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FOR WHAT IT’S WORTH: More double standards

Dr Frances Chandler

FOR WHAT IT’S WORTH: More double standards

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I was asked some time ago to meet a Sandals executive to discuss supplying local fresh produce to their soon to be opened South Coast hotel. Although I’ve had less than satisfactory experiences with trying to interest the hotel sector in supporting our farmers by purchasing local produce where appropriate, my undying enthusiasm for import substitution and my loyalty to country got the better of me and I approached the meeting with some degree of positivity.
I first explained the proposal which I had contributed to some four years ago regarding setting up a public/private sector trading entity to coordinate production and marketing of local produce so as to ensure that the correct quantity and quality of produce would be available to all the food sectors ­– supermarkets, hotels and restaurants, agro-processors and so on. Since this had been ignored by Government, I had been trying, voluntarily, to collaborate with individual hotel groups so as to partially achieve this.
I was asked by Sandals to supply the sources, contact information and prices for poultry products and was promised a full product list so that I could indicate which items could be supplied locally. I dutifully sent the information requested, but have never received even an acknowledgement, nor have I received the information Sandals promised. Now I understand why!
If our Government signs a memorandum of understanding (MOU) allowing Sandals to import “everything under the sun” without duty, VAT or any other taxes or levies for 25 years and another 15 years at 50 per cent, why would they even consider supporting local producers? It‘s ironic, though, that while Minister of Finance Chris Sinckler was busy putting nails in the coffins of local farmers and manufacturers and ploughing up the playing field for local hoteliers, fellow Government member Mr James Paul’s valiant efforts to encourage Sandals to purchase produce from local farmers were being reported in the Press. Good luck, Mr Paul!
Even a blind man on a trotting horse sitting backwards would see that this is unfair. I don’t blame the Barbados Hotel & Tourism Association and the Intimate Group of Hotels for forcefully voicing their displeasure, noting of course that I wouldn’t agree with their being allowed duty-free fresh produce either. Government seems to have a new policy – “buy one, get one free”. Sandals buys Casuarina, is handed the St Peter Almond on a platter and, to add insult to injury, is showered with concessions. All this for a company which purchased some of our prime real estate and left it idle for years. In my opinion, prime commercial property, like agricultural land, left idle, should be taxed to the maximum.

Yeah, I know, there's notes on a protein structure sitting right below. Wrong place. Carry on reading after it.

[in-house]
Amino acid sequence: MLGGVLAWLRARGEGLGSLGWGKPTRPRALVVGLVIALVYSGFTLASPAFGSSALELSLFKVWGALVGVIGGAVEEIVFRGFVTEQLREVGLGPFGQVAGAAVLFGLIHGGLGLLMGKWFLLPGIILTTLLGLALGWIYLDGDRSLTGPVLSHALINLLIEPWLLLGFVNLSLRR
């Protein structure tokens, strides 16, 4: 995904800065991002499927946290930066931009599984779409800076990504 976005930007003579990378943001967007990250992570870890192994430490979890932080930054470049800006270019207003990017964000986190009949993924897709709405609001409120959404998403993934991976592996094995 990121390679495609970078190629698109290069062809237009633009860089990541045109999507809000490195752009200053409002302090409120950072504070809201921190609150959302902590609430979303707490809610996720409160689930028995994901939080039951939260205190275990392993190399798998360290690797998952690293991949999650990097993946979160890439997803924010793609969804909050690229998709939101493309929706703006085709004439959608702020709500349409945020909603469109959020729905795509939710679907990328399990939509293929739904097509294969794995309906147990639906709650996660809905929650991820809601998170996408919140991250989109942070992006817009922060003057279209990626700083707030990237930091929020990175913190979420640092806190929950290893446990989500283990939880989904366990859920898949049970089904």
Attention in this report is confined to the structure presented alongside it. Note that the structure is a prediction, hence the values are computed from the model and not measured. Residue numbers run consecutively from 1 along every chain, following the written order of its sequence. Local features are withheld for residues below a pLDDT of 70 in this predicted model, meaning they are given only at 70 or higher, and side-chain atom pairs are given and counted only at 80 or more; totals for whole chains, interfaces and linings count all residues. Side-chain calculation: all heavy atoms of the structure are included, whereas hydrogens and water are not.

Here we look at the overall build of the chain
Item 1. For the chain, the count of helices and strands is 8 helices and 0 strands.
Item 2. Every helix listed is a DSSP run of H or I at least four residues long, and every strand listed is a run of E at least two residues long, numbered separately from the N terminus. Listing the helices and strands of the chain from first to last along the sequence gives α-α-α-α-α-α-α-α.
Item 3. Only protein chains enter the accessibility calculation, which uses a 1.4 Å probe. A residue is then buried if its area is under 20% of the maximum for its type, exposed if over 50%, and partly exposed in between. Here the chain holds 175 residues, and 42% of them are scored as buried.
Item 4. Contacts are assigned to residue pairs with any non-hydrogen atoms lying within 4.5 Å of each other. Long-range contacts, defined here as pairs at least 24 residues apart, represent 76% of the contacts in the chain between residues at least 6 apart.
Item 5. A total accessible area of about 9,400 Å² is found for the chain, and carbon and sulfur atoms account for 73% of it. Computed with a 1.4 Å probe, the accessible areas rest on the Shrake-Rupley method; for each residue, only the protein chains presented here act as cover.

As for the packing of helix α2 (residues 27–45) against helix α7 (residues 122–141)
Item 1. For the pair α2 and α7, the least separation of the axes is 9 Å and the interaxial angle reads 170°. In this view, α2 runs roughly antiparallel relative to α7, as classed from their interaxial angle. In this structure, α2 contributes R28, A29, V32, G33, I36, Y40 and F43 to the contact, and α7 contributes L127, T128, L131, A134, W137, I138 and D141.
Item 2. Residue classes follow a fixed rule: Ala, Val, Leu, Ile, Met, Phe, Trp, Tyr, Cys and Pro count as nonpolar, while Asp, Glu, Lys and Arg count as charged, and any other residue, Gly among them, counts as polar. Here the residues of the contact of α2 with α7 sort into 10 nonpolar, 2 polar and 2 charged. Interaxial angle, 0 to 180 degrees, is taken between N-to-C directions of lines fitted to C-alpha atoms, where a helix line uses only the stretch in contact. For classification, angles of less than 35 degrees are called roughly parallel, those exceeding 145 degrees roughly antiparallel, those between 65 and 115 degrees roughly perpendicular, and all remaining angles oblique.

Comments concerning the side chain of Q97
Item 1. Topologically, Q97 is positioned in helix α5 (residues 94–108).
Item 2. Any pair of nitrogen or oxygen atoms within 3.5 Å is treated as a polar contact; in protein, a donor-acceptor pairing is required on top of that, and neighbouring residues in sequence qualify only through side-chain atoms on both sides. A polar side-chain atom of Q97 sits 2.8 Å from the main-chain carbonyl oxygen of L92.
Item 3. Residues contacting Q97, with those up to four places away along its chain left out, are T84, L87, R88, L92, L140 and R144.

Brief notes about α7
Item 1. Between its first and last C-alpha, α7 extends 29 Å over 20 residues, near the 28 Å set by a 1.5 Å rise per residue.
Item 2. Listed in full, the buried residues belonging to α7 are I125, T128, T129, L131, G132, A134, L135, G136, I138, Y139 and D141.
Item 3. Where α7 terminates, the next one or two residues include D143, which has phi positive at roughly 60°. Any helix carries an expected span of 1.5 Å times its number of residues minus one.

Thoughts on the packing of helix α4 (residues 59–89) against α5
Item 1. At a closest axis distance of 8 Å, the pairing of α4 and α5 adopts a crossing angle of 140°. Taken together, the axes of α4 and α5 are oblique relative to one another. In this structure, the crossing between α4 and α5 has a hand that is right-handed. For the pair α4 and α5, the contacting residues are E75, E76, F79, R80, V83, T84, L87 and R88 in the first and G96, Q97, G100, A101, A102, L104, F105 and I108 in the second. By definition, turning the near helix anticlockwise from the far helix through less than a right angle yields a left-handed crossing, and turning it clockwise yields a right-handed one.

In spite of Minister of Tourism Richard Sealy’s lofty defence, it’s blatantly obvious that the concessions give an unfair advantage to Sandals. The fact that Sandals’ executive stated that they wouldn’t have been able to achieve the excellence of their brand without the concessions – and that “they allow you to put a product out . . . that can compete with anybody worldwide” – confirms this.
It’s also obvious that, had these concessions been offered to other prospective buyers, they might have had a fair chance of succeeding in their bids. Also disturbing is the unusual alacrity with which this MOU came into being, especially when it’s known that the few measures included in the Budget, supposedly to help local hoteliers, are still not clear three months later.
Amidst all these inconsistencies and contradictions, no wonder “scores of concerned citizens and some members of Government sang and prayed to God for a miracle in the island” at the recent  National Day of Prayer. They also prayed for a transformation in Barbados and declared “we are taking back Barbados”.
You could’ve fooled me! Rather than taking it back, we seem to be giving more and more of it away. Furthermore, most things the Trinidadians touch seem to “turn to mud”, so hopefully what the Jamaicans touch will “turn to gold” and more importantly, Barbados will share in it.
And as for the miracle, God helps those who help themselves. Our leaders need to heed the Antigua opposition leader and stop being “overawed and paralysed by the global economic crisis”, act decisively and wisely, and lead by example so that the public will have confidence to support them.
• Dr Frances Chandler is a former Independent senator.